NAACP worries about Voting Rights Act changes

MARTINSBURG – At its meeting last week in Martinsburg, the West Virginia NAACP expressed concern about a recent decision the U.S. Supreme Court that invalidated a section of the Voting Rights Act that forced some states to apply to the Justice Department for pre-clearance before enacting changes to voting procedures and redistricting.

[cleeng_content id="136540794" description="Read it now!" price="0.49" t="article"]The Supreme Court’s 5-4 majority opinion in Shelby County, Ala., v. Holder struck down a portion of Section 4 of the act, saying that it was based on a set of conditions that no longer existed.

“[N]o one can fairly say that it shows anything approaching the ‘pervasive,’ ‘flagrant,’ ‘widespread,’ and ‘rampant’ discrimination that faced Congress in 1965, and that clearly distinguished the covered jurisdictions from the rest of the Nation at that time,” wrote Chief Justice John Roberts in his opinion.

Roberts argued that the VRA’s formula determining which states must apply, which was last modified in 1972, was outdated and therefore treated some states unfairly. He argued that Congress had failed to take new information into account when it renewed the law in 2006.

“Congress did not use the record [of voting discrimination] it compiled to shape a coverage formula grounded in current conditions,” Roberts wrote. “It instead re-enacted a formula based on 40-year-old facts having no logical relation to the present day.

Roberts said recent appeals to that section of the act’s relevance rely on ‘second generation barriers,’ that are not “impediments to the casting of ballots, but rather electoral arrangements that affect the weight of minority votes.”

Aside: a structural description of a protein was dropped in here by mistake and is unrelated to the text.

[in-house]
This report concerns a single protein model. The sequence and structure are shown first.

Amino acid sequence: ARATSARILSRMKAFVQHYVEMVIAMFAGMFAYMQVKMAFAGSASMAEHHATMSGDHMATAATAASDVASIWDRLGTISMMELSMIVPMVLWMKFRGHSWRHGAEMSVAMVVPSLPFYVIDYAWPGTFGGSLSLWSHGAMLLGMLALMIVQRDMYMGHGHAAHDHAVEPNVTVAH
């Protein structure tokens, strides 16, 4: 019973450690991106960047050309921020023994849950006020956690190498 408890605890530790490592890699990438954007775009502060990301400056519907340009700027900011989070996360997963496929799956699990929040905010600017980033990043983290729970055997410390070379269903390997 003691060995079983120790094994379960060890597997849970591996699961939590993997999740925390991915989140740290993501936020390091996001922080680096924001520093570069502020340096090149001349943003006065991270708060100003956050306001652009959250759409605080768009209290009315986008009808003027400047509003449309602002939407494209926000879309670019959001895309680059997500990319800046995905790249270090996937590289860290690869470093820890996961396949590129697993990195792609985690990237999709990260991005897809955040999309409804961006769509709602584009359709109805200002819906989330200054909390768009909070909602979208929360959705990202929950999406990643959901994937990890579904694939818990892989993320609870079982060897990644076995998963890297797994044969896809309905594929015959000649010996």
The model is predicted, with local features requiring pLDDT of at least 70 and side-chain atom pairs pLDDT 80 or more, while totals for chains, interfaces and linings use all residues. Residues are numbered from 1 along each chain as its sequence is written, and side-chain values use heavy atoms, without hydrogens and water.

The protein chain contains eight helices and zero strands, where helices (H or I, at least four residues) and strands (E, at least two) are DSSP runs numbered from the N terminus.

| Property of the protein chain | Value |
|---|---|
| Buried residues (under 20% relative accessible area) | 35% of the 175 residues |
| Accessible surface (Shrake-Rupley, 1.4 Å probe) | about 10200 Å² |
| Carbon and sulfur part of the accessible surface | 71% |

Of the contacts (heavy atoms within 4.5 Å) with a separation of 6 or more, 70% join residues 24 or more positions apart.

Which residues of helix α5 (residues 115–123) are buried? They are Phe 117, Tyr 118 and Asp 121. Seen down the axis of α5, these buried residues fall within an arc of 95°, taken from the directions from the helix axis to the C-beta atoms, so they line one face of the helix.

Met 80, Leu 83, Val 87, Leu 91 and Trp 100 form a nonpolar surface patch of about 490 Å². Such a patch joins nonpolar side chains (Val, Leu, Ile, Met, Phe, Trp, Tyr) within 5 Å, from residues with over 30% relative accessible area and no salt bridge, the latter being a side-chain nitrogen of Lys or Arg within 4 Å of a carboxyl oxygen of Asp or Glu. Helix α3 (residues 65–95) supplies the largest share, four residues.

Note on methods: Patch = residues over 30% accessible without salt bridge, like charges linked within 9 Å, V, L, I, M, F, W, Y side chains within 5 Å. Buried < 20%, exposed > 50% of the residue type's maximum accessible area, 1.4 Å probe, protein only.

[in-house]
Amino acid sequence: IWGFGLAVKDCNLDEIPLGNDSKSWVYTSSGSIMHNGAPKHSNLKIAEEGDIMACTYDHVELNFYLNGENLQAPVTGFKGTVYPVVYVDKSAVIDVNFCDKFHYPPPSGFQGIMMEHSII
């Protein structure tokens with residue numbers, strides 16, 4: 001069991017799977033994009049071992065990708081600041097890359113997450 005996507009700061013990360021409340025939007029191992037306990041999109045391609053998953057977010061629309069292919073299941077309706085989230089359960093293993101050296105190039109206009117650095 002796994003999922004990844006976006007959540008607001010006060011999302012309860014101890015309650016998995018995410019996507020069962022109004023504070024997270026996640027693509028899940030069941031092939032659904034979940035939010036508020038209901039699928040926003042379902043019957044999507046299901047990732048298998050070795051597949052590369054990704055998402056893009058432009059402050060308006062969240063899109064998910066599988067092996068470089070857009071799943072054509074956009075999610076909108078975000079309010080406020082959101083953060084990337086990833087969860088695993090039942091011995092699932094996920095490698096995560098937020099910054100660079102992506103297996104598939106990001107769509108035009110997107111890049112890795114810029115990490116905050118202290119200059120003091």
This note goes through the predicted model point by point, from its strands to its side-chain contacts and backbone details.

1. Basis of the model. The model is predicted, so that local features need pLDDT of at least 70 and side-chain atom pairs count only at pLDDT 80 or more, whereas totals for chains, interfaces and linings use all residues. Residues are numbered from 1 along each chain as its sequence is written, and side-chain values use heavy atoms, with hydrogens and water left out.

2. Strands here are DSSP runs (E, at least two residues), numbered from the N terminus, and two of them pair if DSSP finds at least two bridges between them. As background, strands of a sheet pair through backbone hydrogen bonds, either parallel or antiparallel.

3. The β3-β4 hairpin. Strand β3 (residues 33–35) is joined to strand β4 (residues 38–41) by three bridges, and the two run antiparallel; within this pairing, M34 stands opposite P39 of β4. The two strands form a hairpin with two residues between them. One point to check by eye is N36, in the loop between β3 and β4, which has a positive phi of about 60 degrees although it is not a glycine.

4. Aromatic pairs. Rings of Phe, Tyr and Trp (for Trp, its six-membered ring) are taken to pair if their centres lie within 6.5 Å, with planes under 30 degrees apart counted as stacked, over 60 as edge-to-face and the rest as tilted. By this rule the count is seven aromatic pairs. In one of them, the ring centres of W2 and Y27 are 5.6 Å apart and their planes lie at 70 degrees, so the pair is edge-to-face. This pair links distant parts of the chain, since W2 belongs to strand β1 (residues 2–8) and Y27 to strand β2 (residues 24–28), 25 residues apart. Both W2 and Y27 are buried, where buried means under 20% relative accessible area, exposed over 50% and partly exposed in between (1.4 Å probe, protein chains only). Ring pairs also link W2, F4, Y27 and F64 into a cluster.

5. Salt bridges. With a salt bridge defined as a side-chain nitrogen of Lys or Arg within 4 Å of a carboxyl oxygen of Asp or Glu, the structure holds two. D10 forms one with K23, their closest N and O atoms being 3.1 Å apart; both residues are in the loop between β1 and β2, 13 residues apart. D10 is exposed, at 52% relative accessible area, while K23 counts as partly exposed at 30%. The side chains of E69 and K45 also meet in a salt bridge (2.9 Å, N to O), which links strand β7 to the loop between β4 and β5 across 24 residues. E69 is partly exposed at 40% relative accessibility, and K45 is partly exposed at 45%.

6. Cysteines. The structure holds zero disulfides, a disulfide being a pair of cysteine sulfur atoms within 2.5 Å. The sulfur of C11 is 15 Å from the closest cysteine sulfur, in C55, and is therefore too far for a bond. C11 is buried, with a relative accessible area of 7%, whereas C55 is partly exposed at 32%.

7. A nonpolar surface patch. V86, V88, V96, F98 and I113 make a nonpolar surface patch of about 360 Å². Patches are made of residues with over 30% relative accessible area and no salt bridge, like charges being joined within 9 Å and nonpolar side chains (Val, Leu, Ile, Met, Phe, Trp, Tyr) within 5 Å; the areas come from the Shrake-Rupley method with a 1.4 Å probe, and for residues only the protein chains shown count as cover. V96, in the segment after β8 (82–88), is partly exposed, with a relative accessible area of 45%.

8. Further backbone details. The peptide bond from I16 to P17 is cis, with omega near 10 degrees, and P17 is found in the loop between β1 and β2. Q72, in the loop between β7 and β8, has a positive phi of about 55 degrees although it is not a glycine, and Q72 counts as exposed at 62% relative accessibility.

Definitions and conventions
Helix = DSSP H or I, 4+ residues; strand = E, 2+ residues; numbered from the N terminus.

But members of the NAACP argue that striking down Section 4 has crippled a signature law of the civil rights movement and opened up the door for voting discrimination.

“The whole nation, I think, especially blacks who fought for desegregation of schools are concerned that that section of the law was very, very important,” said James Tolbert, a member of the Jefferson County NAACP. “That was a tool that the Justice Department could use to impose some sanctions on these states that did a whole lot of voter suppression.”

“We think that the change to the Voting Rights act is going to hurt minorities when they try to vote,” said Jefferson County NAACP president George Rutherford. “It will sort of dilute the vote, cut back on the number that will vote.”

Tolbert points to a number of southern states, including Texas, Mississippi and North Carolina, that subsequently passed voter ID laws or cut the number of days of early voting.

“We see it every day. They are trying to pass voter ID laws. They are trying to change the number of days of early voting,” Tolbert said, adding that he believes the intent of the laws is to discourage minority voting. “Yes, I think that is the intent. They couldn’t find any fraud, so they’re trying to find a way to stop blacks and Hispanics from voting.”

Rutherford said the Supreme Court was wrong to believe that Section 4’s formula was outdated.

“Look what happened right after the ruling,” Rutherford said. “That history is still here. Those states need to be monitored.”

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